Business information systems are mostly very complex and difficult to modify. As a consequence, if we would like to ensure that certain business rules are enforced in a business, it is often easier to design a separate information system, called a monitor, that collects the business events from the business information system in a log and verifies whether the rules are satisfied. If not, the monitor can report the problem or it can intervene in the business information system. This requires that the business rules are specified in a precise language that allows to verify them over log files. In addition it should use a vocabulary that is familiar to business experts, and use terms such as cases, resources, agents and tasks. We introduce such a language and show that it can readily express many common types of business rules. We do not need the whole log but only an abstraction to those (aspects of) events that are relevant for the business rules. In addition we show that in many cases these rules can be translated to Petri nets which gives us not only an efficient way to detect violations of business rules, but also a way to analyze them. Such as Petri net can be seen as an abstraction of the business rules. The latter enables us to detect events that either may or must lead to violations later on. This way the monitor can report the risk of transgressions or even prevent them by intervening in the execution of the business information system.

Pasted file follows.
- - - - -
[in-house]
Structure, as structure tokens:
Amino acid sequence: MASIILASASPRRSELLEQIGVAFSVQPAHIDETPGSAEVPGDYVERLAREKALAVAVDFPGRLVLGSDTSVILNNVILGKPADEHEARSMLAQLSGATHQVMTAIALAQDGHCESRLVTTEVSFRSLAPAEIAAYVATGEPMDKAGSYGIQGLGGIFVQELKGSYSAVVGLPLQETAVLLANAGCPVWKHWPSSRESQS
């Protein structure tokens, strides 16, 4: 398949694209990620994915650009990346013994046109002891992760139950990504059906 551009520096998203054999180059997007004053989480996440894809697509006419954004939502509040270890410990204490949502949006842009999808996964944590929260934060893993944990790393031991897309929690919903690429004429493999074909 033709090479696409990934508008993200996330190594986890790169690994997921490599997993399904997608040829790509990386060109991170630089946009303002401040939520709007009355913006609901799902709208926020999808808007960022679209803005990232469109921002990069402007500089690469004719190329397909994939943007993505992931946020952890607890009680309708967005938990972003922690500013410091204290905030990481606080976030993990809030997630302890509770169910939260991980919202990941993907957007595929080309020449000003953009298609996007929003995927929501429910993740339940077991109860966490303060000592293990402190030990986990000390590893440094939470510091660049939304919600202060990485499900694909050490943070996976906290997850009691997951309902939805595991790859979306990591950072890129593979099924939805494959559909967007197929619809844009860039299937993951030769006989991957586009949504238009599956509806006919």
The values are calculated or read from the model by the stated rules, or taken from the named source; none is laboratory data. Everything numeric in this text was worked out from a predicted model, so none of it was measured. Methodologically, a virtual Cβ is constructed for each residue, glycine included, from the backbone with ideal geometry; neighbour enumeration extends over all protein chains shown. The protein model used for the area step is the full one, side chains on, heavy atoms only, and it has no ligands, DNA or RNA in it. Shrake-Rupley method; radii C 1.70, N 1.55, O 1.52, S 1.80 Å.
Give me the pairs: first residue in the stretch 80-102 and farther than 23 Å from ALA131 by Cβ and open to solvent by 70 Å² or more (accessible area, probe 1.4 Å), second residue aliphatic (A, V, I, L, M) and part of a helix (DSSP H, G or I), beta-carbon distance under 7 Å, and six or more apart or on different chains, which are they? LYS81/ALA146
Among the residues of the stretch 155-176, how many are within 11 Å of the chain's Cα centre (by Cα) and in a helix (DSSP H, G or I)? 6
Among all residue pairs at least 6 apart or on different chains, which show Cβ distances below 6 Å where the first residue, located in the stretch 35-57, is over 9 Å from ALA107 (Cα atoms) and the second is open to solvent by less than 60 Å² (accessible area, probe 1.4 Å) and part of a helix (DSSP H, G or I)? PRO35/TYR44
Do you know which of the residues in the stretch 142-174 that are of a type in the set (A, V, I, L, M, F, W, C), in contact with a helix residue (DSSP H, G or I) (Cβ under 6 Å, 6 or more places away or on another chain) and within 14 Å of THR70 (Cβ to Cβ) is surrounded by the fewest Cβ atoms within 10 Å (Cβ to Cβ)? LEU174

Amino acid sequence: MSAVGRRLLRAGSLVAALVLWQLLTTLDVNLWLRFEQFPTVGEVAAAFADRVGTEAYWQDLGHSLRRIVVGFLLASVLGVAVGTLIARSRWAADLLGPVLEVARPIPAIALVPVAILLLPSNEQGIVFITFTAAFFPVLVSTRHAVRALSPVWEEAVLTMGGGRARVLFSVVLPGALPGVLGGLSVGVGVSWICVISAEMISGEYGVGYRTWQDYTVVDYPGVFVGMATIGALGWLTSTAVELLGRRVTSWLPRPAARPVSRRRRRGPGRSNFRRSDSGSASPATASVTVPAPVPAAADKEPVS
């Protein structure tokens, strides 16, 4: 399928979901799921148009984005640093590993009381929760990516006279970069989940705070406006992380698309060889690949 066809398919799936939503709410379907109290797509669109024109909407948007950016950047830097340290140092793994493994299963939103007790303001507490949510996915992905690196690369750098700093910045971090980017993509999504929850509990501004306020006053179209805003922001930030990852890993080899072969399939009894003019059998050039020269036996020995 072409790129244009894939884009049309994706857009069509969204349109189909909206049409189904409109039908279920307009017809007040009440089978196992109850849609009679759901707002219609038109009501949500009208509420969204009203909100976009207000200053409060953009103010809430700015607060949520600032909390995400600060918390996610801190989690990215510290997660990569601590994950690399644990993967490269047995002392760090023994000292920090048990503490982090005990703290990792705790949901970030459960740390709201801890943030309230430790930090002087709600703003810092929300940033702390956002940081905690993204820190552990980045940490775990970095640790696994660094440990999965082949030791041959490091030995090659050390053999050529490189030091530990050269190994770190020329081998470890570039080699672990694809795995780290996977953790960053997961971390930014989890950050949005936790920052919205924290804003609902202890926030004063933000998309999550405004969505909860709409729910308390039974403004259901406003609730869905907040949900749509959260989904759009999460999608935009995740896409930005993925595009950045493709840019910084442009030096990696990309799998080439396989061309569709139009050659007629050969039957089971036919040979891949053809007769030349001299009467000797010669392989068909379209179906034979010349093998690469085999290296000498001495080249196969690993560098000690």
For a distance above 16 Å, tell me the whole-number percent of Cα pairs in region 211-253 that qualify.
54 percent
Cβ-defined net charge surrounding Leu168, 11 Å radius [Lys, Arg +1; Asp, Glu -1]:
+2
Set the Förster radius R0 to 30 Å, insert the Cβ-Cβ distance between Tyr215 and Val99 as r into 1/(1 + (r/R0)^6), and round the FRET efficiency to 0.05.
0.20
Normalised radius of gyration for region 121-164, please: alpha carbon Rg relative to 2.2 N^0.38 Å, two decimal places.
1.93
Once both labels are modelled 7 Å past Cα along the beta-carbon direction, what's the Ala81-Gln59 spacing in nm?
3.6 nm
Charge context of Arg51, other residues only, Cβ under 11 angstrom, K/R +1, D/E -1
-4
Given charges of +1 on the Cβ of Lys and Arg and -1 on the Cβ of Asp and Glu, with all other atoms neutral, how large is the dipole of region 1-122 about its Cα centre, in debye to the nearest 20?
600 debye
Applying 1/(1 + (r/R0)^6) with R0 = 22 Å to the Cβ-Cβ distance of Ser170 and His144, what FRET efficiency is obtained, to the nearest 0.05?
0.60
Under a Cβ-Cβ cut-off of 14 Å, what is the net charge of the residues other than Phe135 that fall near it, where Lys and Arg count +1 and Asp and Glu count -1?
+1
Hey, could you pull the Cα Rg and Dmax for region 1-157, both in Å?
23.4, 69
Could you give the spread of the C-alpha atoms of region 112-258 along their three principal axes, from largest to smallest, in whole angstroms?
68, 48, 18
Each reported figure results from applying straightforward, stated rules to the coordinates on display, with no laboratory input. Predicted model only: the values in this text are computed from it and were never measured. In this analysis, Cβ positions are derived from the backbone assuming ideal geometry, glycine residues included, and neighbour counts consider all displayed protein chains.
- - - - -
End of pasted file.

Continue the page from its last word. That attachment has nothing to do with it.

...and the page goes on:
|Title of host publication||Proceedings of International Workshop on Abstractions for Petri Nets and Other Models of Concurrency|
|Subtitle of host publication||30th International Conference on Application and Theory of Petri Nets and Other Models of Concurrency|
|Editors||Natalia Sidorova, Alexer Serebrenik|
|Publication status||Unpublished - 2009|
- Business rules
- Petri Net